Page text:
She Loved the Grand Dining Room, He Hated the Cramped Kitchen
A compromise led to their dream space.
Published Oct 27, 2019 12:00 AM
Marisa Yeung knew she had found her dream home the moment she laid eyes on the dining room in her Berkeley, California, century-old house. “It’s this huge room with lots of light,” she says. But for her husband, Wilson, who does most of the cooking, the small kitchen tucked away in the back gave him pause. “He didn’t want to feel like he was stuck in there.”
To find a happy medium, the couple enlisted the help of designer Clara Jung, a principal with Banner Day Interiors. Yeung first found Jung’s work on Pinterest, where a photo of a bathroom she designed was making the rounds. When they finally met, they discovered they were neighbors. “It just felt really right,” Yeung remembers.
As for Jung’s solution to the layout? Tear down the wall between the two rooms and open up both spaces to allow them to flow seamlessly to give the couple the best of both worlds.
But deciding how to lay out the larger kitchen was tricky: The wall they were originally planning on tearing down was load bearing. Jung, along with a structural engineer she enlisted, had to decide what parts of it needed to remain and which could be safely removed. In the final plan, the room no longer had any right-angle corners, which left little space for upper cabinets, so the designer ultimately opted to use the kitchen’s considerable height to stack cupboards on top of one another. She carved out the additional much-needed storage space in the center island.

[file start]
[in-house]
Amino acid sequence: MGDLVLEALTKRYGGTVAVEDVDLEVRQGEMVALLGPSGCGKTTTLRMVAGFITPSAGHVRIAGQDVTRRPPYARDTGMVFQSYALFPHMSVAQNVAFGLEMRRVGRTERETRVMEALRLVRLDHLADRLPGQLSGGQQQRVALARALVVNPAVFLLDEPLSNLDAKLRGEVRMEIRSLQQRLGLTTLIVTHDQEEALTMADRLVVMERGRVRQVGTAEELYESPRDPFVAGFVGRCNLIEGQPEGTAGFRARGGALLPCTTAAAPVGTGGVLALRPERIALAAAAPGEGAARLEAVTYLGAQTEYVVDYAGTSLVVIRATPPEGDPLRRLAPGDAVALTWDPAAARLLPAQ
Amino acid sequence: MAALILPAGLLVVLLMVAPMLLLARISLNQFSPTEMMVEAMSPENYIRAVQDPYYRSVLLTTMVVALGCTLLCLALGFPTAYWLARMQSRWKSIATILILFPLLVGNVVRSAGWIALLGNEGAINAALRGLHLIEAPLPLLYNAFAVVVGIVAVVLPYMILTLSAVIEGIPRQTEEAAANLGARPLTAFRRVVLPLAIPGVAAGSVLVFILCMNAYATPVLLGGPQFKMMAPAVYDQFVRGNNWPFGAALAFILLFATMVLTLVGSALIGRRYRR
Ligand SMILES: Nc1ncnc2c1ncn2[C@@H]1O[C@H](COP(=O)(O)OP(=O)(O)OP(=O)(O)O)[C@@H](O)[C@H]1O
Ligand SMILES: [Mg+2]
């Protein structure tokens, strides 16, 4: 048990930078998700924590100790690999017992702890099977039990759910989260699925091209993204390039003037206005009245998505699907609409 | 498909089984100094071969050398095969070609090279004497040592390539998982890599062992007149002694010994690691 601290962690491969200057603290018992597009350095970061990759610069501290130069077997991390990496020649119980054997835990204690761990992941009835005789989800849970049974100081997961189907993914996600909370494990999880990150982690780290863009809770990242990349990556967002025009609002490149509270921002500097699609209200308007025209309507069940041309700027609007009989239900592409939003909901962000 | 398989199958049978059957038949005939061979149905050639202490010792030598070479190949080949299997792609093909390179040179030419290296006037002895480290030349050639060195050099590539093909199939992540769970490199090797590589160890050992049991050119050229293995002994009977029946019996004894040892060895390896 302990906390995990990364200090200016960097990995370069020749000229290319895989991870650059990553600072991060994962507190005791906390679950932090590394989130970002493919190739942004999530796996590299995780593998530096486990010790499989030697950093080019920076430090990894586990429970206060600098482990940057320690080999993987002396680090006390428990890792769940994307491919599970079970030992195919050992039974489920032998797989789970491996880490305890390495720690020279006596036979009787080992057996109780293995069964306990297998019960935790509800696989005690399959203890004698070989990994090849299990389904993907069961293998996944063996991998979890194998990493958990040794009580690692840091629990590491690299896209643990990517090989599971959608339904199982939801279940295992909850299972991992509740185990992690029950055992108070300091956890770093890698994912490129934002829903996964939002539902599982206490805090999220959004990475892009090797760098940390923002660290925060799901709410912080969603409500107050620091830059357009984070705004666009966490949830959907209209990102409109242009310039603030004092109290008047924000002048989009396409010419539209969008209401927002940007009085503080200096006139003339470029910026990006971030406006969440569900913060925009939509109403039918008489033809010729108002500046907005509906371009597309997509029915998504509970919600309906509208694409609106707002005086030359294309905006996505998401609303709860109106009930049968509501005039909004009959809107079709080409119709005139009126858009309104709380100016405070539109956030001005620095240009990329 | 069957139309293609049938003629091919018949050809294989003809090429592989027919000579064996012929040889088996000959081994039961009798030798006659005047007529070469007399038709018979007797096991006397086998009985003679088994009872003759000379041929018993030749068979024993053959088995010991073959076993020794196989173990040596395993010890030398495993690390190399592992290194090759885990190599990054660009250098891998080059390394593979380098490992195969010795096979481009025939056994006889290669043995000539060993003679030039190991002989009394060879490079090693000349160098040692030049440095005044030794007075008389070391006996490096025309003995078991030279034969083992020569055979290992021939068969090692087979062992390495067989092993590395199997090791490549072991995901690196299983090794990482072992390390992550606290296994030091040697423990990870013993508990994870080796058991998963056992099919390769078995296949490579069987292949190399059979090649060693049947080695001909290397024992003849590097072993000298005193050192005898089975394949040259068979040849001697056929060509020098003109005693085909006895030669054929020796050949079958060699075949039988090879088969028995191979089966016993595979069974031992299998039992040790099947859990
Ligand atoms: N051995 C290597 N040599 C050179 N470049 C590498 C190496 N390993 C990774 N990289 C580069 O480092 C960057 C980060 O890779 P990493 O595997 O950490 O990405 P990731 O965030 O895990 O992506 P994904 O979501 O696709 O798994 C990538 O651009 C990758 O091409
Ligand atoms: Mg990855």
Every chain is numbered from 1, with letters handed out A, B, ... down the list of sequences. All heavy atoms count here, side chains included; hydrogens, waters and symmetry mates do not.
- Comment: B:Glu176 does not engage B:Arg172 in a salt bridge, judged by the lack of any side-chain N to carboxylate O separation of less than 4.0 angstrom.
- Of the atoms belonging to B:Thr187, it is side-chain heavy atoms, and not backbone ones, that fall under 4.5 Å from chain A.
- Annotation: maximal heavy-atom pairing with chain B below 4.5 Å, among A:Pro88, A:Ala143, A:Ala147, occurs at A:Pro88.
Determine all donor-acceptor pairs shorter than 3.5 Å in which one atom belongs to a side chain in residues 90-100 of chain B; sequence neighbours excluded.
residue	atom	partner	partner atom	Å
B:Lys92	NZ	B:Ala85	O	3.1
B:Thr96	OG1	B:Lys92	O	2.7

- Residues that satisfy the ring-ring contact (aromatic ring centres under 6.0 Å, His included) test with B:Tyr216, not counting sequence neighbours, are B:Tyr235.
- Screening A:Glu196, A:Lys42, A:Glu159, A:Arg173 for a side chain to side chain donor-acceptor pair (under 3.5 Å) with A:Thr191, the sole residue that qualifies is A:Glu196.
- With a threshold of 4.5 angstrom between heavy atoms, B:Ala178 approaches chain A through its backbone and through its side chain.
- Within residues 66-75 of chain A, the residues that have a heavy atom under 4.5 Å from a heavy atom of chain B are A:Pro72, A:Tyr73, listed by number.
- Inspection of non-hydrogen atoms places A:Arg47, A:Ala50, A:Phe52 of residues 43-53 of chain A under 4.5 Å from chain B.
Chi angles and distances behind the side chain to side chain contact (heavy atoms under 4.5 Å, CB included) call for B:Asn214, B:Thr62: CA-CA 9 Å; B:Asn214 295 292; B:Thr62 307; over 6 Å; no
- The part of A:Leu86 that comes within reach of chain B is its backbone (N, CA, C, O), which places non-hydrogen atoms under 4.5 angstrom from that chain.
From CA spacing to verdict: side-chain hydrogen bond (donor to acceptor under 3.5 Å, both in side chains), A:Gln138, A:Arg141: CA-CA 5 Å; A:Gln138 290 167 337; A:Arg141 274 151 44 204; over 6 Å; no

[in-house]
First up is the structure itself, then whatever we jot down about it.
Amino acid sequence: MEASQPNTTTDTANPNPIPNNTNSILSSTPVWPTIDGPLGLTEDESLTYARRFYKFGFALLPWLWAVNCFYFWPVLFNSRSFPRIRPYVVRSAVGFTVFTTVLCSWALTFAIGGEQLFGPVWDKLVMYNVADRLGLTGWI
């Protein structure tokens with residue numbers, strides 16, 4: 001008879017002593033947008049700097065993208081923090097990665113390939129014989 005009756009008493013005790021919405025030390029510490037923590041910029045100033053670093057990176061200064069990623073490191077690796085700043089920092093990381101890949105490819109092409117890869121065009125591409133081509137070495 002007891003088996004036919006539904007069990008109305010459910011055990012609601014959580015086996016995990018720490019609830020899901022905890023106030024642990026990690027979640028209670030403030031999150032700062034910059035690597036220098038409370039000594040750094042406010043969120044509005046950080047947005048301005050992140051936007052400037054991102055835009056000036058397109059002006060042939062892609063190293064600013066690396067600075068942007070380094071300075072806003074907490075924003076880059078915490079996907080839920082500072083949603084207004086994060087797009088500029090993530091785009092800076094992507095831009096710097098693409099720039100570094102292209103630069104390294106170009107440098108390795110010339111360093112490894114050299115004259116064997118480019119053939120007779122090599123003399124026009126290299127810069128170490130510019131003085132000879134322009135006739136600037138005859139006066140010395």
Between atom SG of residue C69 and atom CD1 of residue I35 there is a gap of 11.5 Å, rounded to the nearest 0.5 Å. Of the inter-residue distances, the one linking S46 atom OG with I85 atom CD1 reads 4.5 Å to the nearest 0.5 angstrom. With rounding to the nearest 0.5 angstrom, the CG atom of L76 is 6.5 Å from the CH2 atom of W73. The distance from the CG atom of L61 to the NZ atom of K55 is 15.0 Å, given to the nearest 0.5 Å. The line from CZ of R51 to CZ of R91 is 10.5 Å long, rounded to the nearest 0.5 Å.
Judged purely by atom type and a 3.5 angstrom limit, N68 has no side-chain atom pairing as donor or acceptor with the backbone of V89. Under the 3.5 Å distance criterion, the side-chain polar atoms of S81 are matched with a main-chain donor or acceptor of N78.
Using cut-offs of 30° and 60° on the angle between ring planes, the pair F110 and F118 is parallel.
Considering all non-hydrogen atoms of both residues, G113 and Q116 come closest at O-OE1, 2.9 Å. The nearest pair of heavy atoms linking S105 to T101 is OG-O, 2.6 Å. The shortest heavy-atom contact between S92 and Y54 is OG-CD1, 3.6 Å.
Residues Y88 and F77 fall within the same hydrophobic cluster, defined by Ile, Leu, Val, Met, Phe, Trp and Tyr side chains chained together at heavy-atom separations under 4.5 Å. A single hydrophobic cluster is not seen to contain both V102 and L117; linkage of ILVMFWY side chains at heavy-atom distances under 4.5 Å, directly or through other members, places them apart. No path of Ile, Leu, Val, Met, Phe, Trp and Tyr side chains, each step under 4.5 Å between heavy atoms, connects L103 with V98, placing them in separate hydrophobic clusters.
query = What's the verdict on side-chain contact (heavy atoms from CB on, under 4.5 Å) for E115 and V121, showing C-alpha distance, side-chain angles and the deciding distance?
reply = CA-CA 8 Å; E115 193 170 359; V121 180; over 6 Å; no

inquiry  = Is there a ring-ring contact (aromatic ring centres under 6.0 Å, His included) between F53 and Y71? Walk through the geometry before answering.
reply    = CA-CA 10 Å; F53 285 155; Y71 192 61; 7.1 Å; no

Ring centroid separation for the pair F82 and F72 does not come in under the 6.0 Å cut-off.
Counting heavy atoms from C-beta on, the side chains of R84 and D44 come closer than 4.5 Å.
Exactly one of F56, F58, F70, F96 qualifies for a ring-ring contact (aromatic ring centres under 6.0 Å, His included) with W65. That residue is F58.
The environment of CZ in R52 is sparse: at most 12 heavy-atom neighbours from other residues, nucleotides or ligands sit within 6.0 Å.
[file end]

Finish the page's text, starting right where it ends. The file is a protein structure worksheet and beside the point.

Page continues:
Jung opted for custom-made walnut cabinets in the kitchen and pantry to get a sleek, high-end look. The island, however, got a paint job in Farrow & Ball’s Stiffkey Blue. “It’s proportionally large within the scale of the room, so I thought it would be nice to do an accent color,” says Jung. While the walls were kept white to keep the focus on the cabinetry, she added texture by using a herringbone-like pattern from Heath Ceramics in the backsplash.
The tile served a secondary purpose: to contrast with some of the more traditional elements in the space. “We wanted to make sure it didn’t feel stodgy or too stuffy,” Jung says of the design. It also paired well with the white countertops, made from ultra-tough Caesarstone. “We really like the look of marble, but it just wasn’t going to be realistic,” says Yeung, who had a similar quartz benchtop in her last home and loved how low-maintenance it was.
The finished room is airy, bright, and perfect for entertaining. “We’re able to hang out with everybody who is eating at the dining table and be in the kitchen at the same time,” says Yeung. Sometimes, a happy medium turns out to be what everyone needed all along.
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